Many of us have received a Diwali bonus this year and quite a few must have already spent it. While it is tempting to buy that smart TV or go on a vacation, buying unnecessary stuff is the best way to make the money disappear.

The key is to distinguish between what you need and the things you desire. If you haven’t yet blown away your Diwali bonus, here are a few ideas to consider.

Set up emergency fund

It might sound baffling, but the best way to use your bonus is by not spending it. Use it to build a contingency fund to ensure that you have enough to cover basic living expenses in case of a job loss or extended illness. Pour your bonus into this emergency fund, or add to it if you already have one. The thumb rule is to have enough stashed away to cover 3-6 months of expenses, including loan EMIs and insurance premiums. However, this varies depending on factors like the number of earning members in the household and whether you have health insurance.

Start sips in equity scheme

Markets are on a roll. If you are willing to take some risks and have enough patience, equity funds can give you good returns. But don’t rush to invest in this overheated market. Stash the amount in a liquid fund, and then start a systematic transfer plan into an equity fund. This strategy has twin benefits. One, your SIP investments in the equity fund will cushion you against market volatility. Two, the amount will be out of your bank so you will not blow it away. A liquid fund will also give you slightly better returns than your bank account.

Prepay costly loans

As a rule, you should use windfalls to reduce outstanding debts. Prioritise your loans based on the interest you are paying. Credit card debt should top your list, followed by personal loans, which can charge anywhere between 12- 18% interest. However, do check if the lender slaps charges for prepayment of the loan. Consider paying off smaller loans, like your car loan, in their entirety, so that you can tick them off the list. The last to go should be low-cost loans that come with tax benefits, like a home loan or education loan.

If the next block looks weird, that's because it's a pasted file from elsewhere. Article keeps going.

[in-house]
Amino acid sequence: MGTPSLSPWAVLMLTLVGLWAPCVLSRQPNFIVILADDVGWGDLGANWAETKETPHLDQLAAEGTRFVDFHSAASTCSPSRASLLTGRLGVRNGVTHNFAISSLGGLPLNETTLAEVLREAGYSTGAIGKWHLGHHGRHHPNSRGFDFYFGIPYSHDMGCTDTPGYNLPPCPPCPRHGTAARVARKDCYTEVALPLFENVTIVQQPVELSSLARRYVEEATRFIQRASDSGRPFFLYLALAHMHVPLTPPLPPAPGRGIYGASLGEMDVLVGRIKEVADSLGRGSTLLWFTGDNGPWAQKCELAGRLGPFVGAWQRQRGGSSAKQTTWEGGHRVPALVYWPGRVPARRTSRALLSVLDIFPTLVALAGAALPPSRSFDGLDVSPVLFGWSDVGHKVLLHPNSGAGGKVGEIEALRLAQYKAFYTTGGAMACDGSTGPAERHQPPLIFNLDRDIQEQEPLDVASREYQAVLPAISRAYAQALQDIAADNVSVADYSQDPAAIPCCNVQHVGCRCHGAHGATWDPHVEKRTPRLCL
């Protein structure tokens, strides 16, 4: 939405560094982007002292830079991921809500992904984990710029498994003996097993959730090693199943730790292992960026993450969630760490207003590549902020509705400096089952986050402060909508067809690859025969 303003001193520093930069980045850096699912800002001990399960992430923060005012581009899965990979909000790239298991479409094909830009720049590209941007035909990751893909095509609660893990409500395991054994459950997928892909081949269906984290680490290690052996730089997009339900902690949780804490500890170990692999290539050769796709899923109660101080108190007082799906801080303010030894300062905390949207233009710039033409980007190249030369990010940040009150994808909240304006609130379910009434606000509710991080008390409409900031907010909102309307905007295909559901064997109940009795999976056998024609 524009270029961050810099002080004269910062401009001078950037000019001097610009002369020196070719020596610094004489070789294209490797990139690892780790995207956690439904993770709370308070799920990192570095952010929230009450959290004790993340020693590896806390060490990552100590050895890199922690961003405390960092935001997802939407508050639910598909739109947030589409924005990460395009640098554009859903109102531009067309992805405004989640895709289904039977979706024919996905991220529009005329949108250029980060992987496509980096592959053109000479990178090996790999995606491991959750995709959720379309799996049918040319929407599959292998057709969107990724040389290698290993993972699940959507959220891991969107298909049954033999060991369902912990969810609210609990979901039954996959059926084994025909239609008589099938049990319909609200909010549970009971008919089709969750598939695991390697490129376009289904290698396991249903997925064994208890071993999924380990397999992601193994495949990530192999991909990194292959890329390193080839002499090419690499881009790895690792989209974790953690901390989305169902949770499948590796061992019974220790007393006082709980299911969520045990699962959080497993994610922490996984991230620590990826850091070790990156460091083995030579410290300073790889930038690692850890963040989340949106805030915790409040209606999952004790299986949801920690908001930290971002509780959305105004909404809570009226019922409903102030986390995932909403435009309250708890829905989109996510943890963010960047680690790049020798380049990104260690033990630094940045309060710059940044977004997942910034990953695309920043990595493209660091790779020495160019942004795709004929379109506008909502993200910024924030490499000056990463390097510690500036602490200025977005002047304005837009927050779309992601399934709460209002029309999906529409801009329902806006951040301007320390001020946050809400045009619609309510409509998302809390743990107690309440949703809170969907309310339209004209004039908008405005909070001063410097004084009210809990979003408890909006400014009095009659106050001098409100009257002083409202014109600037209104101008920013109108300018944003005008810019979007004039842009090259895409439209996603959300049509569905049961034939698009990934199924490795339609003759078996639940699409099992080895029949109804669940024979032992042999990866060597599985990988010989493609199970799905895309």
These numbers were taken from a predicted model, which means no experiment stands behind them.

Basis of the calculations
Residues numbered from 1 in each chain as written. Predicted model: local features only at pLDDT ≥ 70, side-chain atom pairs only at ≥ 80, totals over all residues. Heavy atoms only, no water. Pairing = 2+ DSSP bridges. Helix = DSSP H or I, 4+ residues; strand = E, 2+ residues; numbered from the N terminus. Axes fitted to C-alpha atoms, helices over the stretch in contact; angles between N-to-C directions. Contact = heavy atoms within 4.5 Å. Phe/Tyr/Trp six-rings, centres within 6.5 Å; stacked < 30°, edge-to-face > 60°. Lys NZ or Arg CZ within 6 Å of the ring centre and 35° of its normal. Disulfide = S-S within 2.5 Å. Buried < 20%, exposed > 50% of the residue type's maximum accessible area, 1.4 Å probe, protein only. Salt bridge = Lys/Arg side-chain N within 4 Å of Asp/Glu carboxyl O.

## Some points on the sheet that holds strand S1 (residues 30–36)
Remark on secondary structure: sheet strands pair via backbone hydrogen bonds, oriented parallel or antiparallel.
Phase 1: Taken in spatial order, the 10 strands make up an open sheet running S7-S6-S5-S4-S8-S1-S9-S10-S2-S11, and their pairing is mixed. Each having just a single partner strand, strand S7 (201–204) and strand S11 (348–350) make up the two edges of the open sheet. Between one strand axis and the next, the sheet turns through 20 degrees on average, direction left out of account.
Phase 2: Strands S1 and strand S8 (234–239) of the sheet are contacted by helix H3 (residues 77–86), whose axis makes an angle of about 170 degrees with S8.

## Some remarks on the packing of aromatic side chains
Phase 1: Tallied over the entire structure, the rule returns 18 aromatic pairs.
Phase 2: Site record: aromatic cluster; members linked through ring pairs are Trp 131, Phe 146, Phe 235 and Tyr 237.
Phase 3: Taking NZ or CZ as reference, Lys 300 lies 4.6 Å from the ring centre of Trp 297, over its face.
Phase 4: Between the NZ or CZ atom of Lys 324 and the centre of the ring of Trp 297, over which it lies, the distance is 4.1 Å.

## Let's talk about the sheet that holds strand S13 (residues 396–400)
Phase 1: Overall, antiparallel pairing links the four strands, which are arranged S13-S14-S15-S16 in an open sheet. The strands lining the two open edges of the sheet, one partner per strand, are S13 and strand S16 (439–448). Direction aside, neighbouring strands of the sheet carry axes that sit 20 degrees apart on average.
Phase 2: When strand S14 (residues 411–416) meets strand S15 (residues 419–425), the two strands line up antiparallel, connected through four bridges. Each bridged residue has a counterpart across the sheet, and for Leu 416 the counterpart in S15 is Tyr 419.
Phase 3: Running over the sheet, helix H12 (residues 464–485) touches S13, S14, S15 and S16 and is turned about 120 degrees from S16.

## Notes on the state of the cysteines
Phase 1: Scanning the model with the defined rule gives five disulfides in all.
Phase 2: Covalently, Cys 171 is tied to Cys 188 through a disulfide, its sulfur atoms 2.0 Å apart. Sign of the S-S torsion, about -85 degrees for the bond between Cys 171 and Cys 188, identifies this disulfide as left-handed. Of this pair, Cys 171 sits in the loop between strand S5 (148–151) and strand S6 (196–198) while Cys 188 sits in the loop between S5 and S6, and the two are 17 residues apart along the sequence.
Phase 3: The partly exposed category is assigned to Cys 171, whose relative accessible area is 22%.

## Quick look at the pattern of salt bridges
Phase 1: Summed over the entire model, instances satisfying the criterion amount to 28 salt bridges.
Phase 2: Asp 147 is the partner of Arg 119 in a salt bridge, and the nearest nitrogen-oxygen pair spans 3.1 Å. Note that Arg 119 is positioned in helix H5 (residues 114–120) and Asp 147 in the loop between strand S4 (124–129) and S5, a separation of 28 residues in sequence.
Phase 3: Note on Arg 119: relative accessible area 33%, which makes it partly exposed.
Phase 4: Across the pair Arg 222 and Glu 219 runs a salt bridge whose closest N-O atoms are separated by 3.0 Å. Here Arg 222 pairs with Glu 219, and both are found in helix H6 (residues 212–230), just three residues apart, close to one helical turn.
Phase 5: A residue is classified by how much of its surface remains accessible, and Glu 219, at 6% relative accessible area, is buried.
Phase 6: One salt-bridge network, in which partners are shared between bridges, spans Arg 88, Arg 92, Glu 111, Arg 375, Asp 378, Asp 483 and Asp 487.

Invest for your child’s education

Education is a major expense incurred by a parent, and it is rising at over 10% a year. MBA fees have risen 400% since 2011. Imagine how much it will be when your child is ready to go to college. If your child is in school, you should already have a college fund set aside for her. Starting early means a smaller outflow, since you have a longer investment horizon. But if you haven’t started yet, allocating your bonus lump sum to this fund is a good idea. Invest equally in both debt and equity or go for balanced funds to get the ideal asset mix.

Buy life insurance cover

Life insurance is necessary because life is so unpredictable. Use your bonus to buy a term plan for yourself. Term plans are very cheap when bought at a young age. A 30-year-old will pay only Rs 10,000-12,000 per year for a cover of Rs 1 crore for 30 years. A 40-year-old will pay roughly Rs 18,000-20,000 per year for the same cover for 20 years. If you don’t want a recurring payment, go for a single premium term plan. These plans do charge a large premium up front, but do not require renewal. A one-time payment takes care of all your life insurance needs.

Buy health cover for family

The pandemic has made a lot of people realise the importance of health insurance. Yet, many people rely solely on the group insurance cover from their employer. Group covers may not provide sufficient coverage. This is where your bonus can come handy. Buy a family fl oater health plan to cover all family members. A Rs 10 lakh fl oater plan that covers a husband, wife and two kids will cost about Rs 20,000-25,000 a year. But health insurance premiums are eligible for tax deduction, so the effective cost in the 30% tax bracket will be Rs 14,000-17,500.

Put money in the NPS

Want to save tax? Invest a part of your bonus in the NPS. Under Section 80CCD (1b), up to Rs 50,000 invested in the scheme is eligible for deduction. This is over and above the Rs 1.5 lakh investment limit under Section 80C. However, keep some things in mind before you invest. NPS has a very long lock-in period, and the money can be withdrawn only when you retire. But the long lock-in also ensures disciplined investing over the long term. It makes sense to invest in NPS if you have a very high tax outgo and want to cut it down.

Read more: EconomicTimes

Share.

Leave A Reply